“Those bodhisattvas who practice by means of the secret mantra, after having generated awakening mind in terms of its conventional aspect in the form of an aspiration, must [then] produce the ultimate awakening mind through the force of meditative practice. I shall therefore explain its nature.”
I mention this only because that stable mind of bodhicitta is another means by which students navigate safely within advanced practices, safe from extremes.
However, to be fair, DK does speak clearly in this text about no-harm. There are several clear statements such as this throughout the text:
“If a tantric guru abuses a sentient being spiritually, emotionally, physically or sexually, or harms anyone in any way, he is not only breaking the Shravaka and Mahayana vows, but also the Vajrayana vows. An authentic tantric or Vajrayana guru is supposed to love and care for each disciple as if they were her only child.” (Poison is Medicine, p. 181)
Pure Perception Goes Beyond the Boundaries of a Country’s Legal System
He also clarifies his stance on crazy wisdom, using a similar metaphor to the one I used in my last article:
“Unless we can perform miracles, like Virupa, Guru Padma- sambhava or Khandro Yeshe Tsogyal, we are all bound by causes and conditions, and therefore subject to the laws of the land. Crazy wisdom does not give gurus free license to do whatever they like, nor does it say that if both guru and student are consenting adults, what happens between them is their business. The guru and student are free to choose the course of their relationship within the boundaries of their country’s legal system. Even so, the practices of pure perception and obedience to the guru go far beyond all that.” (Ibid p. 158)
I was happy to read that he wasn’t pushing crazy wisdom. His admiration for Chogyam Trungpa and many of his statements, with gurus drinking bourbon and teasing princesses etc., have not made that so clear. However, the last sentence in the quote above is ominous!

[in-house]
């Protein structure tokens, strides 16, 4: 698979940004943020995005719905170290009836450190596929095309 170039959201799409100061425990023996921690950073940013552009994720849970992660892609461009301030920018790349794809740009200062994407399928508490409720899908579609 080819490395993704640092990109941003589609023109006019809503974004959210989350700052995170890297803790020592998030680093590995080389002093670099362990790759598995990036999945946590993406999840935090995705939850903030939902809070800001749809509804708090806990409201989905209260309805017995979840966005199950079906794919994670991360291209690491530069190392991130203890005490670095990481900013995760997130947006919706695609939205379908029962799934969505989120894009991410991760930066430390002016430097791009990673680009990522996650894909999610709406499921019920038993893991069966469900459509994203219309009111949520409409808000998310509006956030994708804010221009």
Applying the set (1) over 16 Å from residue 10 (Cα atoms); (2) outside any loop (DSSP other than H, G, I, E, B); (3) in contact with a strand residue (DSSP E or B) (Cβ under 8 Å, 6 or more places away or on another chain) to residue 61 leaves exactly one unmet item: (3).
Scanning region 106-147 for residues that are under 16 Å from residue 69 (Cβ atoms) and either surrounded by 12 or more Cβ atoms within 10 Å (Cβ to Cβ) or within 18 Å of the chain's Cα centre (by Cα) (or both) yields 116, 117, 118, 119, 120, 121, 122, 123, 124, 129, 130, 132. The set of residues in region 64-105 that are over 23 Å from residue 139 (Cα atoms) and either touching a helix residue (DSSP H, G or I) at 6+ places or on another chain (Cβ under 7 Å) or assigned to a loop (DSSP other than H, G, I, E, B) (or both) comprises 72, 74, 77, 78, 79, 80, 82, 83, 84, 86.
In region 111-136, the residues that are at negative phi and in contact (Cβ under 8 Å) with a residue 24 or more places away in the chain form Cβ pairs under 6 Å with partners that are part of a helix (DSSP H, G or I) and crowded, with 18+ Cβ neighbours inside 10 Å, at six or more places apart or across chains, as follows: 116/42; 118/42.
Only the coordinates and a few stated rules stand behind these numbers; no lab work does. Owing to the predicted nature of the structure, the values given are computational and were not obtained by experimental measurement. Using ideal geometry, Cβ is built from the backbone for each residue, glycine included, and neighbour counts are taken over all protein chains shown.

In fact, this is the main point. I and other Rigpa students sat through many teachings listening to Sogyal Lakhar publicly humiliate other students. Compassion in his words, harm in his actions. We said nothing. Even for those who had not taken a vow of pure perception, there was a culture of pure perception and when my 16 year old daughter complained to me about Sogyal Lakhar’s behavior, to my shame, I told her that we could not judge how he “worked” with his senior students. This was a complete turn-around from the values I had upheld as her mother. Within such a culture, it is hard to measure the extent of potential harm.
And DK commends Trungpa Rinpoche’s unique techniques:
“It bugs me that more is being said about Trungpa Rinpoche’s eccentric behaviour than his courageous and inventive approach to teaching Americans. Just as parents spend hours talking baby- talk with their new-born babies, Trungpa Rinpoche willingly absorbed as much as he could of American culture and then tried to communicate with his American students on their level. How many other lamas have even made the attempt?”
There is a strange dynamic within Poison is Medicine that on one hand, DK encourages us to “analyse, analyse analyse” a teacher before committing to the Vajrayana path—and he also commends the analytical faculties of many Western students– but in the same text he extols those who wish to leave the “rational world behind,” commends teachers who talk to them in ‘baby-talk’ and condemns reasoning himself:
“Analyse the guru, do a thorough background check and test his reactions to awkward situations, even if that means purposefully annoying or contradicting him privately and publicly. You should also ask yourself how serious you are about learning to think outside the samsaric box. How serious are you about learning how to think differently? Only those of you who have genuinely set your hearts on learning how to transform how you think should even consider setting foot on the tantric path.”(Ibid p. 173)
This statement is an oxymoron. In the same breath that we are told to analyze, we are told that the tools of analysis are to be left behind. And no mention is made of the qualifications a guru should exhibit.
And this is my concern. Unless we have a strong foundation in—yes!— reasoning and discernment, unless we’re prepared to unpack the teachings with those tools, then there is no way that we can possibly assess a teacher and his/her teachings– or understand the purpose of the practices we are engaged in, practices such as pure perception.
Following are the Dalai Lama’s perspectives on this.
The Dalai Lama on Pure Perception 1982